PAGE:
Tag military history

How an Epic Painting Became a Monumental Flop: The Perils of Art and Politics

Katie Hornstein — Powerful rulers have always relied on visual images to bolster their standing and seek public support for their military endeavors.  While these sorts of images can be broadly understood as propaganda, the question of their effectiveness as art in the service of power is anything but assured,

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Knowing How to Win at Acre

John D. Hosler— The oracle at Delphi advised, “Know Thyself,” and the rock band Rage Against the Machine screamed, “Know Your Enemy.” Which is more important for winning a war? Or rather, is it both? Military historians are keenly interested in the extent to which armies knew and understood the abilities

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Civil Wars

David Armitage— War is hell, the U.S. Civil War general William Tecumseh Sherman is supposed to have said, but surely the only thing worse is civil war. On that fact, there has been general agreement across the centuries. Internal wars are felt to be more destructive than ones against external

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Stepping Back from the Front

Louis Barthas; Translated by Edward M. Strauss— In March 1918, after more than forty months on the front lines, under daily threat of violent death, disease, or dismemberment, French infantry corporal Louis Barthas succumbs to exhaustion and earns an evacuation order from a cynical, reluctant medical officer. He’s shunted out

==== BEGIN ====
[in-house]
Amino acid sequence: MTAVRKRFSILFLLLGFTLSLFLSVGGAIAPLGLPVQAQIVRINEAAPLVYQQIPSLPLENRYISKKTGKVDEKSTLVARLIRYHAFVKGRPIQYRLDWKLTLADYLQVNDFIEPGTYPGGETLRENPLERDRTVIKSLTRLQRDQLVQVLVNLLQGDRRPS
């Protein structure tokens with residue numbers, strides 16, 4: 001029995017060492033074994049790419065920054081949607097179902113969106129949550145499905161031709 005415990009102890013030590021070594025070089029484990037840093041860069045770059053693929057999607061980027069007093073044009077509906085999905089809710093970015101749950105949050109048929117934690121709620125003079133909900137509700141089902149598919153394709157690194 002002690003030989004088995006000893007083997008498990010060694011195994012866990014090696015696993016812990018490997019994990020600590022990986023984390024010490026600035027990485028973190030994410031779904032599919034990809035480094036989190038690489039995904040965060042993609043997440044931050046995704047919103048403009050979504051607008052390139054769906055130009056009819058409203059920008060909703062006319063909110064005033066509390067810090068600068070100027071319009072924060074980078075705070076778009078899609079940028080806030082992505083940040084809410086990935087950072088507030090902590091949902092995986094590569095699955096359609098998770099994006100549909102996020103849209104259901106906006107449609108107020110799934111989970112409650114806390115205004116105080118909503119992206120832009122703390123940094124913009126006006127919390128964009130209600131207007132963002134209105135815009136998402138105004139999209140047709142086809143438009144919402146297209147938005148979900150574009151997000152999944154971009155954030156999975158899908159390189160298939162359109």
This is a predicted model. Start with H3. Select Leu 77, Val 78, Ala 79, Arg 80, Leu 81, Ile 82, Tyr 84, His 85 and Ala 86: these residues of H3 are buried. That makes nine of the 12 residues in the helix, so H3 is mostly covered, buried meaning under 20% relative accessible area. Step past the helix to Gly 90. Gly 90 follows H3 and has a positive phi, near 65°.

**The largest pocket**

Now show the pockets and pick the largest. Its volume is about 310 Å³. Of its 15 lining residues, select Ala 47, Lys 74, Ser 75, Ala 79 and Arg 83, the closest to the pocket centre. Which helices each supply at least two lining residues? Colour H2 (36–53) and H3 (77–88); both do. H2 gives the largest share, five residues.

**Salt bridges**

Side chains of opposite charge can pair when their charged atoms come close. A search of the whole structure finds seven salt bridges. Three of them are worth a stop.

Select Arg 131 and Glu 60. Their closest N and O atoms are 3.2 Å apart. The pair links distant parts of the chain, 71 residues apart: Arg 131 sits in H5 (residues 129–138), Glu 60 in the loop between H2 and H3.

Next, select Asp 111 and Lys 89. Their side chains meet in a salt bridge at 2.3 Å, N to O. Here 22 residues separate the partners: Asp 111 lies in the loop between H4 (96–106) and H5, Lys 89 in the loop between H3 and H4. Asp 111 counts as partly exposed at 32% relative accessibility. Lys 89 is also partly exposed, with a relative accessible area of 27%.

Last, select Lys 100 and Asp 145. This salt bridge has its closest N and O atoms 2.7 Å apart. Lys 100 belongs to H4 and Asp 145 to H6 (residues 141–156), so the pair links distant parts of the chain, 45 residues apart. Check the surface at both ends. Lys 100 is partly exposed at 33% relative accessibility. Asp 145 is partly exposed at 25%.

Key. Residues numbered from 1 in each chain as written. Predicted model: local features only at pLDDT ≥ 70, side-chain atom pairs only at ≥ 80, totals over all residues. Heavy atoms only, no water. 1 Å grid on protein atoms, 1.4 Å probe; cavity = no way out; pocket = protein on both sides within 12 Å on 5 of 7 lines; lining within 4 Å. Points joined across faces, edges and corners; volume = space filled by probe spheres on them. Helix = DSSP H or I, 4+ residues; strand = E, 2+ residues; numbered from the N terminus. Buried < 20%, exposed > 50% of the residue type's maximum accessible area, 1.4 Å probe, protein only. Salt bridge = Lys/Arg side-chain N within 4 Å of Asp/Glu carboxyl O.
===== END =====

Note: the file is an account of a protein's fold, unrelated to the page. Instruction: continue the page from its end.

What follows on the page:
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A Sociological Look at World War Combat

Alan Allport— The Second World War was not just one of the two greatest military efforts ever undertaken by the United Kingdom, but also, albeit quite by chance, one of its two greatest ever sociological experiments. Between 1939 and 1945, Britain mobilized around 5.8 million men and 640,000 women for

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A Volcano in Constant Eruption: Surviving the Hell of Verdun

One hundred years ago, in May 1916, the costliest, bloodiest battle of World War I’s Western Front – Verdun – had raged for three months without slackening. French and German troops marched resignedly into what they cursed as “The Furnace.”  300,000 lives would be lost in the 300-day ordeal. One

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Somme’s End

Edward Strauss— The Battle of the Somme, which began on July 1, 1916, is generally said to have concluded on November 18 of that year. In a dispatch on December 29, 1916, General Douglas Haig, commander of the British Armies in France, summed up the battle’s accomplishments: “…The three main

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Wilfred Owen: WWI’s Peter Pan Poet

My friend, you would not tell with such high zest To children ardent for some desperate glory, The old Lie: Dulce et decorum est Pro patria mori. — from “Dulce et Decorum Est” (1917) As a fourteen-year-old boy, Wilfred Owen wore a crest that combined a globe with a cross, and

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Poilu: The World War I Notebooks of Corporal Louis Barthas, Barrelmaker

A “Must-Read” pick for the New York Post and a Daily Beast “Hot Reads” title!   As discussed in our March”WAR!” theme, it remains of the utmost importance to consider the individual experiences of soldiers. Those on the front lines provide a personal narrative – one that is often separate

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March Theme: War!

Although it may be an uneasy topic, the discussion of war, military studies, and the related political and governmental histories and current events are a vital part of the cultural conversation to which Yale University Press authors contribute. Now out in paperback, Wall Street Journal  Supreme Court correspondent Jess Bravin’s

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